Jets Face $17.1 Million Salary Cap Hit If Mark Sanchez Leaves
Mark Sanchez would cost the New York Jets as much as $17.1 million if he’s cut or traded, almost twice the price of keeping the benched quarterback as a backup next year.
The Jets, out of contention for the National Football League playoffs, must decide what’s next for Sanchez, the fifth pick in the 2009 draft, and backup Tim Tebow, who was passed over in favor of Greg McElroy to start this week against the San Diego Chargers.
New York would face a $17.1 million salary cap hit if it cut Sanchez, who has made 50 turnovers in the last two seasons. A trade of Sanchez would still count $8.9 million toward the Jets’ salary cap next season, and the team probably also would have to pay a sizable portion of the $8.25 million he’s guaranteed in 2013, said Andrew Brandt, a former NFL executive and now an ESPN business analyst.
“They have to get a team willing to take on that money, which means a team willing to make him a starter,” said Brandt, who negotiated player contracts and managed the Green Bay Packers’ salary cap as a vice president from 1999 to 2008. “That may be difficult.”
The Jets reached the American Football Conference’s championship game in their first two seasons with Sanchez, 26, and in March gave him a contract that guaranteed a combined $20.5 million during the 2012 and 2013 NFL seasons.
In the last two years, Sanchez has thrown 35 interceptions and lost 15 fumbles. This season, he’s shouldered the brunt of criticism for the struggles of a Jets’ offense that ranks 30th out of 32 teams in yards gained. Sanchez lost his job after four interceptions and a lost fumble in a 14-10 loss in Tennessee three days ago.
“They made a bet that he’d be their quarterback for two years,” Brandt said in a telephone interview. “I understand why they did that deal last year. They locked Sanchez into three additional years for very little additional money. And we’ll see if they hold to that bet, otherwise they have to pay him anyway or try to offload him.”
Sanchez said yesterday he was disappointed in the quarterback change, while acknowledging that he needs to cut down on turnovers. Sanchez said he hadn’t had any discussions with the team about his future.
“I’m not going to get into hypotheticals of me being here, not being here, whatever,” Sanchez told reporters. “We’re focused on this week, we’re ready to play San Diego. That’s where my mind’s at. So any question about, ‘What’s going to happen next year? Are you ever going to be a starter again?’ I’m not even going to go there.”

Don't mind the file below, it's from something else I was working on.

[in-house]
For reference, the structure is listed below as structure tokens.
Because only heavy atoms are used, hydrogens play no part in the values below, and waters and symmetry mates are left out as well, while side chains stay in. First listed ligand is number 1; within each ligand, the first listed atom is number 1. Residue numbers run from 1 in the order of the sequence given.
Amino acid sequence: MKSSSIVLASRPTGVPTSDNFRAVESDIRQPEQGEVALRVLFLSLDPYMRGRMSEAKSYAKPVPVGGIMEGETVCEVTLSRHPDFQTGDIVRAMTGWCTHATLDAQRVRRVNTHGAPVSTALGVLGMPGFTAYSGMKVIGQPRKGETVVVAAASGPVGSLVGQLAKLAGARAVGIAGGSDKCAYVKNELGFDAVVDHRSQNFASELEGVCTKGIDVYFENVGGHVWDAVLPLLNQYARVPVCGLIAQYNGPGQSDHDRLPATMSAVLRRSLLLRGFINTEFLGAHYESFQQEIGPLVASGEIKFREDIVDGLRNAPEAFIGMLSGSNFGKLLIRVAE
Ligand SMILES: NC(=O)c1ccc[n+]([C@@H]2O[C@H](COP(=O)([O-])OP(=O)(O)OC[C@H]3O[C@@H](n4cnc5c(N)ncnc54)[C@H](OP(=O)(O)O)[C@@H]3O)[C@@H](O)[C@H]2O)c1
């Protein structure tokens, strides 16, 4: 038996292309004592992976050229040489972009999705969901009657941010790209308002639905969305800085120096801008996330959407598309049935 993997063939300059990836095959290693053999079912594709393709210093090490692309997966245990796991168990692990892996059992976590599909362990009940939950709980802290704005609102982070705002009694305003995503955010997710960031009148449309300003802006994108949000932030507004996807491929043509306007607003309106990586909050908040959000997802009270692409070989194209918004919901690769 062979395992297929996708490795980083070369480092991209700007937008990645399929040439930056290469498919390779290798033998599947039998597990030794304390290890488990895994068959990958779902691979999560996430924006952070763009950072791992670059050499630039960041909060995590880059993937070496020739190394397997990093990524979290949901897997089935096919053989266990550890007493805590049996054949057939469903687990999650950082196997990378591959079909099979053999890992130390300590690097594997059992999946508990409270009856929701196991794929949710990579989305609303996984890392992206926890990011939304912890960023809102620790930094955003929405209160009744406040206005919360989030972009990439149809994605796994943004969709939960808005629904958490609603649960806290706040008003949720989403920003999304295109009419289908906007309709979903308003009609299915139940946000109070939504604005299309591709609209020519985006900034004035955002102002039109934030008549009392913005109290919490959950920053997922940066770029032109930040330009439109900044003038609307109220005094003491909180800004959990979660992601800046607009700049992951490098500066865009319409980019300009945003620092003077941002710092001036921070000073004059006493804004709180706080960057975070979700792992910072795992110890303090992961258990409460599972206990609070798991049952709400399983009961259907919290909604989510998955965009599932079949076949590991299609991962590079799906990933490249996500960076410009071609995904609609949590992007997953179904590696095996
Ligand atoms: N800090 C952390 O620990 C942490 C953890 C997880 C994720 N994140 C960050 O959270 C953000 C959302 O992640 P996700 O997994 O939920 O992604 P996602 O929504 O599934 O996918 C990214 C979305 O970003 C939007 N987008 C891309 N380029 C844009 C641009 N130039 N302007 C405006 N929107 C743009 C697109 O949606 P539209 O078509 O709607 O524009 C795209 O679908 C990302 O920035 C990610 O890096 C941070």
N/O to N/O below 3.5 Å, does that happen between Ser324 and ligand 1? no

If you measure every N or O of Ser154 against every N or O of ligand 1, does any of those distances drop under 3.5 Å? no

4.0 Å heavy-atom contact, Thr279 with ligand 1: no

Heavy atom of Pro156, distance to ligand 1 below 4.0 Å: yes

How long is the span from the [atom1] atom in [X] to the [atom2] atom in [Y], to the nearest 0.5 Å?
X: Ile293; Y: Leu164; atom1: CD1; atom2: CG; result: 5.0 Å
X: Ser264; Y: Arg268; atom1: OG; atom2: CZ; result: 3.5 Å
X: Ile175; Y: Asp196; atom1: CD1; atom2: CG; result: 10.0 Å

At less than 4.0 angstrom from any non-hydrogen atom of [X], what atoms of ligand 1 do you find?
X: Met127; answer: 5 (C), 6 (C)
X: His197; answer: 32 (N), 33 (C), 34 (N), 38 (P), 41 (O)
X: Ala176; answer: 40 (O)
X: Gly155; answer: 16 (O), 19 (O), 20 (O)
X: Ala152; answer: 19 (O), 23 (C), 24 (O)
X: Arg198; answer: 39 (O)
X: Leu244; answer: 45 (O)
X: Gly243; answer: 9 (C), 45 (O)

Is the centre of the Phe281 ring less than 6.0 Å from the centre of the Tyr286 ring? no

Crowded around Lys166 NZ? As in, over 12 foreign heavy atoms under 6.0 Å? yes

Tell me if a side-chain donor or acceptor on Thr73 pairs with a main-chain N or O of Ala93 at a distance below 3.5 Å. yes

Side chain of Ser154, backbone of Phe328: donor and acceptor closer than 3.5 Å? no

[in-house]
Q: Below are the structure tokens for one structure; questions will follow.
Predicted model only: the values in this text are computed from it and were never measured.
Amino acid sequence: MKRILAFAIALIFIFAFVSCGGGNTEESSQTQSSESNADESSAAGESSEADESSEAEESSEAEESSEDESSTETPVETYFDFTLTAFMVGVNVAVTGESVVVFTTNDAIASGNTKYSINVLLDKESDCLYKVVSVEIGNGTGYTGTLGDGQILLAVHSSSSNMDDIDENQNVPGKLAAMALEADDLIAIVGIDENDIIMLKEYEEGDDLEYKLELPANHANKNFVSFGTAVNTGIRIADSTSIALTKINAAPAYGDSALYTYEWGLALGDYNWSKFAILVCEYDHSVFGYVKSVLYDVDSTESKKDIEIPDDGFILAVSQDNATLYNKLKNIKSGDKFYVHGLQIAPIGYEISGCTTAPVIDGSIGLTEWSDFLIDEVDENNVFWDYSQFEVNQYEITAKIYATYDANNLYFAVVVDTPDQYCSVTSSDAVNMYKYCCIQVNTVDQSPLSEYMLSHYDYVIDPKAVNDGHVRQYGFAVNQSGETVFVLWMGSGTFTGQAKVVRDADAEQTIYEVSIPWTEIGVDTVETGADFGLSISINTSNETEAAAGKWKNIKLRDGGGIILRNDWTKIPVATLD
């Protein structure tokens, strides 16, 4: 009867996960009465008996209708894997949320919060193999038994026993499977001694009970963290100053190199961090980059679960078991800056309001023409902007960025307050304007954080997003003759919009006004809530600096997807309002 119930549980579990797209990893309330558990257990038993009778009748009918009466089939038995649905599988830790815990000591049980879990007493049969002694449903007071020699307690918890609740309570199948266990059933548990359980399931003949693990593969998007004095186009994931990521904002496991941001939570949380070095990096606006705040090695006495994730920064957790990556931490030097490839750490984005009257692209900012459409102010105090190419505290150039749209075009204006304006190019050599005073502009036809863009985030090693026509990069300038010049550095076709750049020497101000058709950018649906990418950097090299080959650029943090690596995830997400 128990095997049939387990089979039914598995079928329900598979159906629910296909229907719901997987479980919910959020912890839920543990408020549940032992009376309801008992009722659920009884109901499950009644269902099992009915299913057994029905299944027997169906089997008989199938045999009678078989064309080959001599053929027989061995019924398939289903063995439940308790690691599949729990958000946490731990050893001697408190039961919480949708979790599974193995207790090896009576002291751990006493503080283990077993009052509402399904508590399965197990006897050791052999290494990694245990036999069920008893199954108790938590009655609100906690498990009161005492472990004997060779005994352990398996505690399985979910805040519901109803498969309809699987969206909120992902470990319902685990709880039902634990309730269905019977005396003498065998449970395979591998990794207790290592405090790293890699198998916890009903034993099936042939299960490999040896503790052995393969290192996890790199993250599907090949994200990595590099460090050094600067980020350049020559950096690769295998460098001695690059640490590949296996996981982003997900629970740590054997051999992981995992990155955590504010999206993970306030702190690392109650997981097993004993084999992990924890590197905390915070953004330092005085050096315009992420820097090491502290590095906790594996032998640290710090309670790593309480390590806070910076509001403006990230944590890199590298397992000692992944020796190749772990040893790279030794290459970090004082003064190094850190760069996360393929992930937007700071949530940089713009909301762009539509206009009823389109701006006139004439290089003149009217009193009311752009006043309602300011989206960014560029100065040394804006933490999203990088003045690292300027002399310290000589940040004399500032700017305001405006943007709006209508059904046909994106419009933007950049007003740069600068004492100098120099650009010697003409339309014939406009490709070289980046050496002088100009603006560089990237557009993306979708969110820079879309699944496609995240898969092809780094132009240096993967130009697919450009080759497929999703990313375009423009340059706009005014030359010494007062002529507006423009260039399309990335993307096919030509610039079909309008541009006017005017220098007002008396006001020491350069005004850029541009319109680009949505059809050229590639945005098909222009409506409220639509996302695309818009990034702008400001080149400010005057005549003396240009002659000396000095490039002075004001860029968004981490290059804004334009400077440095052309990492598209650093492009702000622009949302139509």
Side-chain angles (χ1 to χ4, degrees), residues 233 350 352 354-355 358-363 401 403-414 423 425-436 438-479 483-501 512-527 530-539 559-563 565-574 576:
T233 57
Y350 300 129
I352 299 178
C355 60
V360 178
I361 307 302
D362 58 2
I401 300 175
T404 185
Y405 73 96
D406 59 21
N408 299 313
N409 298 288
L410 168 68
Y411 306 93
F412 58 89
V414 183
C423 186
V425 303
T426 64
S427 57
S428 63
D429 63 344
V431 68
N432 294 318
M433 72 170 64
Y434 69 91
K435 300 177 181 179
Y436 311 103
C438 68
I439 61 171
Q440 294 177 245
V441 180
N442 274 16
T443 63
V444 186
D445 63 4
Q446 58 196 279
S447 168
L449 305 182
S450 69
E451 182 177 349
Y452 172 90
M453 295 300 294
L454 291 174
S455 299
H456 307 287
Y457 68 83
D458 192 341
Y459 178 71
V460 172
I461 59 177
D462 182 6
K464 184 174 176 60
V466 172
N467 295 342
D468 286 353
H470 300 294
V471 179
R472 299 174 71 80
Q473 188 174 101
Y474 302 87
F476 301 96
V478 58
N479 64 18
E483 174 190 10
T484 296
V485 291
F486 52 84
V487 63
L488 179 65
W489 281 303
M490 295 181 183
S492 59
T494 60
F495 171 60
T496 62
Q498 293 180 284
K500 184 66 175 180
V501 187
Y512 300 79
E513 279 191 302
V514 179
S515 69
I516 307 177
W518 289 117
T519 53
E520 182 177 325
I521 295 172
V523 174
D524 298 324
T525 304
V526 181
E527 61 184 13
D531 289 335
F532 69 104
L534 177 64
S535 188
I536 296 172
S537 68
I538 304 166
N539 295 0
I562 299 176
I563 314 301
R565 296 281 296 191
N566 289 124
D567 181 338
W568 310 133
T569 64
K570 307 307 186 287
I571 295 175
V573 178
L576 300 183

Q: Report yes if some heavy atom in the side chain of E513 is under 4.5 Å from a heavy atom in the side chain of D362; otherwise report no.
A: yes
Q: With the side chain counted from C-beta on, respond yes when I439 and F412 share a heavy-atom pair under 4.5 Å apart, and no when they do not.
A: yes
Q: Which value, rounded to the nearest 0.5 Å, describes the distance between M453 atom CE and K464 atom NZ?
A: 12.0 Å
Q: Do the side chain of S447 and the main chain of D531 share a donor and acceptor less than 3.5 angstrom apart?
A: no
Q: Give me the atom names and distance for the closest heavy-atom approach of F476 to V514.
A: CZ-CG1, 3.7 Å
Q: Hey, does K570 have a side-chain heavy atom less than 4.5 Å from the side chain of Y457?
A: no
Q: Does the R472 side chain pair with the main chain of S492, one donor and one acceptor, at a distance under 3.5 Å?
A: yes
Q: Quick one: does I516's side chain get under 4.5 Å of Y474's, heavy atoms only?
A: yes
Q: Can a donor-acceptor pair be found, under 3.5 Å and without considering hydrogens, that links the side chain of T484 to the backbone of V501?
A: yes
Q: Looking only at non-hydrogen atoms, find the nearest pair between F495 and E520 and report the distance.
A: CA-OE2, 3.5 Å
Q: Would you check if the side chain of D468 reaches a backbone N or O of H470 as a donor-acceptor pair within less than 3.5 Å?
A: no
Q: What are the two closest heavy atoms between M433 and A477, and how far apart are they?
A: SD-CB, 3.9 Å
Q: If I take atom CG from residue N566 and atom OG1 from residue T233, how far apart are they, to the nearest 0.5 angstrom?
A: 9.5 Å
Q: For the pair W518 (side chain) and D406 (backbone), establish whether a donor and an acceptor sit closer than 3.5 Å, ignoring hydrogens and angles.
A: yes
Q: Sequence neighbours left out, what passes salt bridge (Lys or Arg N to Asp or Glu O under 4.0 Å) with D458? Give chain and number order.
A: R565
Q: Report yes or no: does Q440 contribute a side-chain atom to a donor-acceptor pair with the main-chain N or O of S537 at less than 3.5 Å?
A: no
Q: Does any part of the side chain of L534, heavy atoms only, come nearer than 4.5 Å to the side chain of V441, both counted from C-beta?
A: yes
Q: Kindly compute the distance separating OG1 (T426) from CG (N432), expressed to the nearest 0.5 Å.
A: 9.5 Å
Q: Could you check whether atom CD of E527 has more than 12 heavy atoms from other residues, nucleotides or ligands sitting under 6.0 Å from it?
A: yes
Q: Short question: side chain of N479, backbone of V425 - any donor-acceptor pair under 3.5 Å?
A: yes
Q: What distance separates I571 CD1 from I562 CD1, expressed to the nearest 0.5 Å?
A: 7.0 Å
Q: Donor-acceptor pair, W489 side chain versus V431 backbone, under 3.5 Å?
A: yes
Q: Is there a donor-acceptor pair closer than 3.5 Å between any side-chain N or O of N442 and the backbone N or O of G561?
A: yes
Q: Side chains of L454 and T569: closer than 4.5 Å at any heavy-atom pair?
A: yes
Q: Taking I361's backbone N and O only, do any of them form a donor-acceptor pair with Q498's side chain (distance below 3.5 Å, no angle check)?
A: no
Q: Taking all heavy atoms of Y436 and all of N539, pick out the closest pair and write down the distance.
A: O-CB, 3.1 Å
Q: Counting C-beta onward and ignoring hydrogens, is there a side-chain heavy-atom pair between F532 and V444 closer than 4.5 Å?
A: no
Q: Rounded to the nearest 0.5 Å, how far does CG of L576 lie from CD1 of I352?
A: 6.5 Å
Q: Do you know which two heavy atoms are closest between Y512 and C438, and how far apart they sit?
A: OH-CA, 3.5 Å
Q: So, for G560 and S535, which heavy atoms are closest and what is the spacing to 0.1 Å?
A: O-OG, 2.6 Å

ESPN reported today that the Jets will explore all options with Sanchez, including a trade, citing unidentified people in the NFL familiar with the situation. The Jets also plan to part ways in the offseason with Tebow, the Walt Disney Co. unit said.
Acquired as Sanchez’s backup in an offseason trade with the Denver Broncos, Tebow expressed frustration yesterday about his limited role in New York, where he’s played only 70 offensive snaps. Tebow was also passed over when Jets coach Rex Ryan opted for McElroy, a second-year player from the University of Alabama who will be making his first NFL start.
“All you can ask is a chance to go out there and play the game you love and help this team win football games,” Tebow told reporters. “I tried to make the most of every opportunity that I had. I would have loved to have more.”
Tebow, 25, said he’d wait until after the season to address questions about whether he wants to stay with the Jets. Brandt said that decision may be made for him.
“It’s kind of naive to think that the player decides where to go,” said Brandt, who left the Packers just before quarterback Brett Favre was traded to the Jets in August 2008. “The team will hold his rights and figure out what’s best for the team before it does anything.”
Brandt said the limited opportunity Tebow had with the Jets probably won’t lessen his value. The Jets sent fourth- and sixth-round draft picks to the Broncos for Tebow and a seventh- round selection.
“He came out of Denver and I don’t think anyone was interested in trading for him to be a starting quarterback, so I’m not sure how much this devalues him,” Brandt said.
Brandt said the potential for a player to be a distraction, on or off the field, is a factor when assembling an NFL roster. After leading Denver to the playoffs last season and generating international attention by espousing his Christian faith, Tebow’s arrival in New York attracted a great deal of media coverage. Sanchez was asked about Tebow’s presence throughout the season.
“The Jets have bigger concerns than what to do with Tim Tebow,” Brandt said. “If he’s there, they have a nice option at backup quarterback; if he’s not there, they have to figure out something else. But they have to figure out the starting quarterback much more than the backup quarterback.”
If Sanchez remains with the Jets and isn’t the starter next season, he wouldn’t be the NFL’s only highly paid backup.
The Seattle Seahawks signed Matt Flynn during the offseason to a three-year, $26 million contract that included $10 million in guaranteed money and then gave the starting job to rookie Russell Wilson, a third-round draft pick.
The Jets’ options may also be limited this offseason because of the quarterback talent available. While Wilson is among five rookie quarterbacks currently starting, the 2013 draft isn’t deep at the position, ESPN analyst Todd McShay said. Brandt said the best veteran quarterbacks who may be available are a pair of former No. 1 picks who have lost their starting jobs: Alex Smith of the San Francisco 49ers and Michael Vick of the Philadelphia Eagles.
“Time can heal a lot,” Brandt said. “You get into the offseason and get a month or two away from the season and realize what are the options beyond Sanchez and they don’t look that great.”
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